Presentation Zen: Simple Ideas on Presentation Design and Delivery

Writer(s): 
Maria Trovela, Meikai University, and Tim Murphey and Christopher Stillwell, Kanda University of International Studies
Publisher: 
New Riders, 2008

 

[Garr Reynolds. Berkeley, CA: New Riders, 2008. pp. ix + 230. ¥2,499. ISBN-10: 0-321-52565-5.]

Presentation Zen is a book intended for people in any field who give presentations with slides. The 10 chapters, divided into five sections, are filled with striking photography in full color and many practical examples of presentation slides that clearly illustrate the main points. At the end of each chapter are bulleted summaries of important ideas. Garr Reynolds accomplishes what he proposes early in the book: “a good balance of principles and concepts, inspiration and practical examples” (p. 6), including providing insights from other accomplished presenters. We have used the concepts in this book in developing recent conference presentations as well as in presenting information to our students.

Reynolds invites us to let go of ineffective habits that we may have unconsciously learned through witnessing hundreds of bad presentations. He reminds us that it is useful to believe that we are creative and willing to make mistakes—both essential for progress. He encourages us to plan most of the presentation away from the computer in the early stages, an exercise we have all recently tried with good results. “Planning analog” (Chapter three) describes using such things as paper, pens, whiteboard, and post-its. Then, you can ask yourself some simple and useful questions:  “What’s your point?” “Why does it matter?” (p. 62). To drive this point home, in the Elevator Test (p. 64) the reader is asked to imagine a situation in which a presentation is cancelled because the boss has a schedule conflict. On the way down in the elevator, the boss asks for a quick summary of the presentation. If presenting your main points in just a few seconds seems impossible, chances are you need to work more on just what your main points are.

Reynolds sees preparation in three parts: the slides, the notes only you will see, and the handout to be taken away by the audience. He advises keeping the slides simple and making the handout as detailed as you think necessary to avoid information-crammed visuals that can distract the audience from understanding what is most important—what you say.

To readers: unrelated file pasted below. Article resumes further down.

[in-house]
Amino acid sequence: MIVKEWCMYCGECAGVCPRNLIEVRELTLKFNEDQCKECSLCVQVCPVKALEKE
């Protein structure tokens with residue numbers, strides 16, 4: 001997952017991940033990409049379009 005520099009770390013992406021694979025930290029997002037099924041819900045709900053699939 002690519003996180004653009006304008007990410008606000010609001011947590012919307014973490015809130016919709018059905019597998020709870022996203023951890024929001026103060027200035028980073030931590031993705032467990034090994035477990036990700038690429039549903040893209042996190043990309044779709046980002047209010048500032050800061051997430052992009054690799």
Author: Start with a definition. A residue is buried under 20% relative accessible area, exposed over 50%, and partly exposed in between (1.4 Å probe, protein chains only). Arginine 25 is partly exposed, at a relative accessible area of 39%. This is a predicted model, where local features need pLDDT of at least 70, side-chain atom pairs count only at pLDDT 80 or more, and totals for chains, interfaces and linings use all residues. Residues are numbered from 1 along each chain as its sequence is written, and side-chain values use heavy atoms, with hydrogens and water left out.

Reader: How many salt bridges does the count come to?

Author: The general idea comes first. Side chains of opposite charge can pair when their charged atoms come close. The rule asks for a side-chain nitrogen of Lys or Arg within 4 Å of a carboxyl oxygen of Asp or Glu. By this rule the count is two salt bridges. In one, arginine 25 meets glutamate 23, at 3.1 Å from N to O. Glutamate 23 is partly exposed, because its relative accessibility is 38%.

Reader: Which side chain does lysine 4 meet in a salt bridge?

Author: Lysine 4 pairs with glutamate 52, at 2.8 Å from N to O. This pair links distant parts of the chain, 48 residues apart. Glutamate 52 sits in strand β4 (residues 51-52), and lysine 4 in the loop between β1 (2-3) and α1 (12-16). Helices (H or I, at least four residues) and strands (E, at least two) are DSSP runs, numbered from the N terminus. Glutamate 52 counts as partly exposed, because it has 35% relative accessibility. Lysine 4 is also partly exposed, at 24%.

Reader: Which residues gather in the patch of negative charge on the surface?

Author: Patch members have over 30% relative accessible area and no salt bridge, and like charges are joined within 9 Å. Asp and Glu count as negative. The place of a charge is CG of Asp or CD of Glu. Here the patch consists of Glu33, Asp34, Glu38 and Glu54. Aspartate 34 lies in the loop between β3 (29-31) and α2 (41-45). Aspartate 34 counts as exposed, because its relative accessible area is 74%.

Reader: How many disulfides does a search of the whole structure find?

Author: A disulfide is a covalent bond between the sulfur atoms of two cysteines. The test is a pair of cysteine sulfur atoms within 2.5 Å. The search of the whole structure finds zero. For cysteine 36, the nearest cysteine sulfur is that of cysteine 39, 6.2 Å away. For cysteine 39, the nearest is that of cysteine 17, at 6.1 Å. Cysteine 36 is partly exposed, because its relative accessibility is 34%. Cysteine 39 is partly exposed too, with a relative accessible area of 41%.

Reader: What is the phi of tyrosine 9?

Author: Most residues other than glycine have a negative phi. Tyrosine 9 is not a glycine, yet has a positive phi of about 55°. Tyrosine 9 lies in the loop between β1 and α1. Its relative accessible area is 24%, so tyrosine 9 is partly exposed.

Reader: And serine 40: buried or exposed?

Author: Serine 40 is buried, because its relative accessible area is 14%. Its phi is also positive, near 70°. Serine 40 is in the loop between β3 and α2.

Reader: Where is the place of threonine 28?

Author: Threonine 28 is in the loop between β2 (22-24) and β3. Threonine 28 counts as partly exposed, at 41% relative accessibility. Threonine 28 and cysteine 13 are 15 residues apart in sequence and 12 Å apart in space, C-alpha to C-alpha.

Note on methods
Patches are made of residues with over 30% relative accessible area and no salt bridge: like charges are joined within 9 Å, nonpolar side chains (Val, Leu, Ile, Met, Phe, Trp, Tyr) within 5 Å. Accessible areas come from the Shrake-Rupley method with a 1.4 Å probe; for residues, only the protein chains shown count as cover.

In the Design section Reynolds teaches how to use pictures, text, and empty space effectively. He provides useful online sources for great images, and models the use of suggestion, empty space, stillness, and simplicity in his slide design.

Inthe Delivery section, Reynolds advises us “to be in the moment” (p. 185). What is special in this section comes from Benjamin Zander, conductor for the Boston Philharmonic Orchestra, who says “rather than getting bogged down in a sea of measurement where you compare yourself to others and worry about whether you are worthy to be making the presentation or whether someone else could be doing it better, instead realize that at this moment in time—right here right now—you are the gift and your message is the contribution” (p. 196). Reynolds reminds us also of the importance of humor to move us into that resourceful state.

A number of salient principles from Presentation Zen have influenced our presentations of late. In the preparation stage, we go less immediately to presentation software, for even the templates of PowerPoint can have an undue influence on how we organize our message. Replacing tired old slide backgrounds with vivid images that bleed off the page brings dynamism, allows for contrast, and makes our messages more memorable. Our teaching is also influenced as we design handouts and manage class in ways that help us communicate our lessons more clearly, with designs that provide support rather than adding to the noise.

This is not only an excellent book for our learning and presentations—it is so artistic you could leave it out on your coffee table for guests to look at. Truth be told, we wish every academic who does presentations would read and apply Reynolds’ suggestions. They would save us from the proverbial “death by PowerPoint.” Potential readers should be warned that Presentation Zen could have two unintended side effects. First, the ideas are infectious, and once they take hold it can be hard to resist spending your next few weekends searching for amazing visuals. Second, your newfound awareness of how easy it is to make quality presentations may cause you to have a little less patience for text-filled slides at your next conference or meeting. This is the one book that we recommend to all our colleagues who give presentations. We think Presentation Zen can greatly increase our effectiveness as we teach, give presentations, and facilitate the improvement of our students’ presentations.

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